“Assuming the uncertainty is resolved, we will have slower growth in the first half of the year then it will pick up,” Rizzo said, forecasting GDP growth of about 2 percent in 2019.

Richard Vogel, dean of Farmingdale State College’s business school, predicted growth of 1 to 2 percent next year.

“There’s still a lot of uncertainty about where things are going,” he said, noting some Long Islanders will likely see smaller federal tax refunds because of the new $10,000 limit on deductions for state and local taxes.

 — James T. Madore

Pharmaceuticals

Makers of generic drugs, vitamins and nutraceuticals are a bright spot in the manufacturing sector, adding nearly 1,200 jobs in the last six years. They employ about 10,500 people on the Island.

Two of the biggest players, Amneal Pharmaceuticals and Contract Pharmacal, are expanding.

Amneal will add 100,000 square feet to its 495,000-square-foot office and factory in South Yaphank. The company is in the midst of hiring 400 more employees; it had 1,070 a year ago between three buildings in Suffolk County.

“We will be bringing a lot more products in-house” for manufacturing, said Chintu Patel, co-CEO and co-founder of the New Jersey-based company.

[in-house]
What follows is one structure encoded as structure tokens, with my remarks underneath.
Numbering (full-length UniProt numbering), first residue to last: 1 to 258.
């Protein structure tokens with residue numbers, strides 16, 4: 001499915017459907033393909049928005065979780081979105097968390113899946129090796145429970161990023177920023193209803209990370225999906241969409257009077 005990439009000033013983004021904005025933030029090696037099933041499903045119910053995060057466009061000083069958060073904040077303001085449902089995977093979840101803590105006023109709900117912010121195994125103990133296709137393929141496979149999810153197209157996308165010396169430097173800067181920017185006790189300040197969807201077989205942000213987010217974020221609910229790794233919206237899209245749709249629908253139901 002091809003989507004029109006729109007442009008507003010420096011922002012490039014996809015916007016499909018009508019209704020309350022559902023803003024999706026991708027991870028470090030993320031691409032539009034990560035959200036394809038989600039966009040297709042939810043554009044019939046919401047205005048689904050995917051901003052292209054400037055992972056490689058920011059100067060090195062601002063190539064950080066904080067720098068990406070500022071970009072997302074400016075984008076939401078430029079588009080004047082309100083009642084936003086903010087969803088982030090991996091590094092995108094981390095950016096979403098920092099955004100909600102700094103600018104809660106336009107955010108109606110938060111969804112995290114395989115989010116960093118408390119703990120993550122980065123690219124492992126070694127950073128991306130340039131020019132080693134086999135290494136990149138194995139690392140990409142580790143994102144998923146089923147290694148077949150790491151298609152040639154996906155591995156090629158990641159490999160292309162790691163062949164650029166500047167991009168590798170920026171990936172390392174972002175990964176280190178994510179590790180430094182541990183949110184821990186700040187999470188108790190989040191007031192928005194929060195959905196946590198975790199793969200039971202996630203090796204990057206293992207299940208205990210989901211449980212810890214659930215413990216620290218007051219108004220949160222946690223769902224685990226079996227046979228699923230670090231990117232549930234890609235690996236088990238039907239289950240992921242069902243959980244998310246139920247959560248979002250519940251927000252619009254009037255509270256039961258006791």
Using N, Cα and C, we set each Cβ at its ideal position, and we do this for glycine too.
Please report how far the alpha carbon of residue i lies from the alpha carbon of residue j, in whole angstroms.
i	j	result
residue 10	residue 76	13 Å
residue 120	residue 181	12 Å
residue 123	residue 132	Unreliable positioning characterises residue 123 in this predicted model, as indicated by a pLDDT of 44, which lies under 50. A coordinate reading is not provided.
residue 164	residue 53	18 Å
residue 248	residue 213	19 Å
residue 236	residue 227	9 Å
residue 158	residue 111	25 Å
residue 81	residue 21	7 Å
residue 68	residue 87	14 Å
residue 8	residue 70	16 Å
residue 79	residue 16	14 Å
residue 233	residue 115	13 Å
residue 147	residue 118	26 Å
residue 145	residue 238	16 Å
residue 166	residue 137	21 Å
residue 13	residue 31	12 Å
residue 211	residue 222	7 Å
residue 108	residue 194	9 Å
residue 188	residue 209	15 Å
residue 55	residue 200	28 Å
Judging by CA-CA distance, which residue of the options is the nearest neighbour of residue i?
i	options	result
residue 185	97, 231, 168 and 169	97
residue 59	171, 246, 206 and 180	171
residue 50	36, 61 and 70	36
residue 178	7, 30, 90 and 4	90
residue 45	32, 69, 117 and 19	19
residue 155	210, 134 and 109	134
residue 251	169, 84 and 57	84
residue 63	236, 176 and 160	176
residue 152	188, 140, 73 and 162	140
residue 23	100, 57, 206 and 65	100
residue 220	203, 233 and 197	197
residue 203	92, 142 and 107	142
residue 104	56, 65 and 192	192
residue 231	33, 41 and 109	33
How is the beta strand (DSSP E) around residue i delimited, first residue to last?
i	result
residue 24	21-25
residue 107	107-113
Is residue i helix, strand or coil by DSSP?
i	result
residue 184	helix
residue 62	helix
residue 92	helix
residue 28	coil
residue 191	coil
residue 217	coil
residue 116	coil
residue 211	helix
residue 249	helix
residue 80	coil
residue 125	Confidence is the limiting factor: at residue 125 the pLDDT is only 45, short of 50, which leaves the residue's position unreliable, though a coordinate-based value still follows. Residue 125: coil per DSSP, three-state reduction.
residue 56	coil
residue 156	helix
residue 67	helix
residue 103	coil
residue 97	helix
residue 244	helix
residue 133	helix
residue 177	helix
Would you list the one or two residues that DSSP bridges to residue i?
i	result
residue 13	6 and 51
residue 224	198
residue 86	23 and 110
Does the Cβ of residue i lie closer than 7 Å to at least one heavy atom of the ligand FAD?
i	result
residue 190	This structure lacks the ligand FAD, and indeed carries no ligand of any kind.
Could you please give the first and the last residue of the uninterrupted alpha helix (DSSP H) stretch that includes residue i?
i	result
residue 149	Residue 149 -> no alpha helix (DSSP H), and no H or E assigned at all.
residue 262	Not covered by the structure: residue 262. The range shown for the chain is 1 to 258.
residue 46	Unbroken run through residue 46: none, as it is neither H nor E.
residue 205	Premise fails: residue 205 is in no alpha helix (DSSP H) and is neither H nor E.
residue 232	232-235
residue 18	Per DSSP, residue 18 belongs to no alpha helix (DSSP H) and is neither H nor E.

Contract, based in Hauppauge, plans to purchase another building as part of a $40 million expansion that will add about 150 workers, bringing its total to 1,513.

"This project is critical to our overall operations," company president Mark Wolf said.

— James T. Madore

Tourism

Tourism revenues on the Island are likely to rise about 3 percent in 2019, said Kristen Jarnagin, CEO and president of Discover Long Island, a nonprofit that promotes tourism here.

"The tourism industry remains vital for Long Island's economic growth," she said. "Last year alone, it generated $722 million in state and local tax revenues and supported nearly 82,000 local jobs."

Spending by travelers on Long Island rose 4 percent in 2017 to a new high of $5.9 billion, according to Oxford, England-based analytics company Tourism Economics.

In reference to the Ronkonkoma Convention Center, a 17,500-seat venue that is part of a $1.1 billion development plan proposed this year, Jarnigin said: "If it's approved, it would help us attract more business travelers. For the tourism industry on Long Island it would be a total game changer."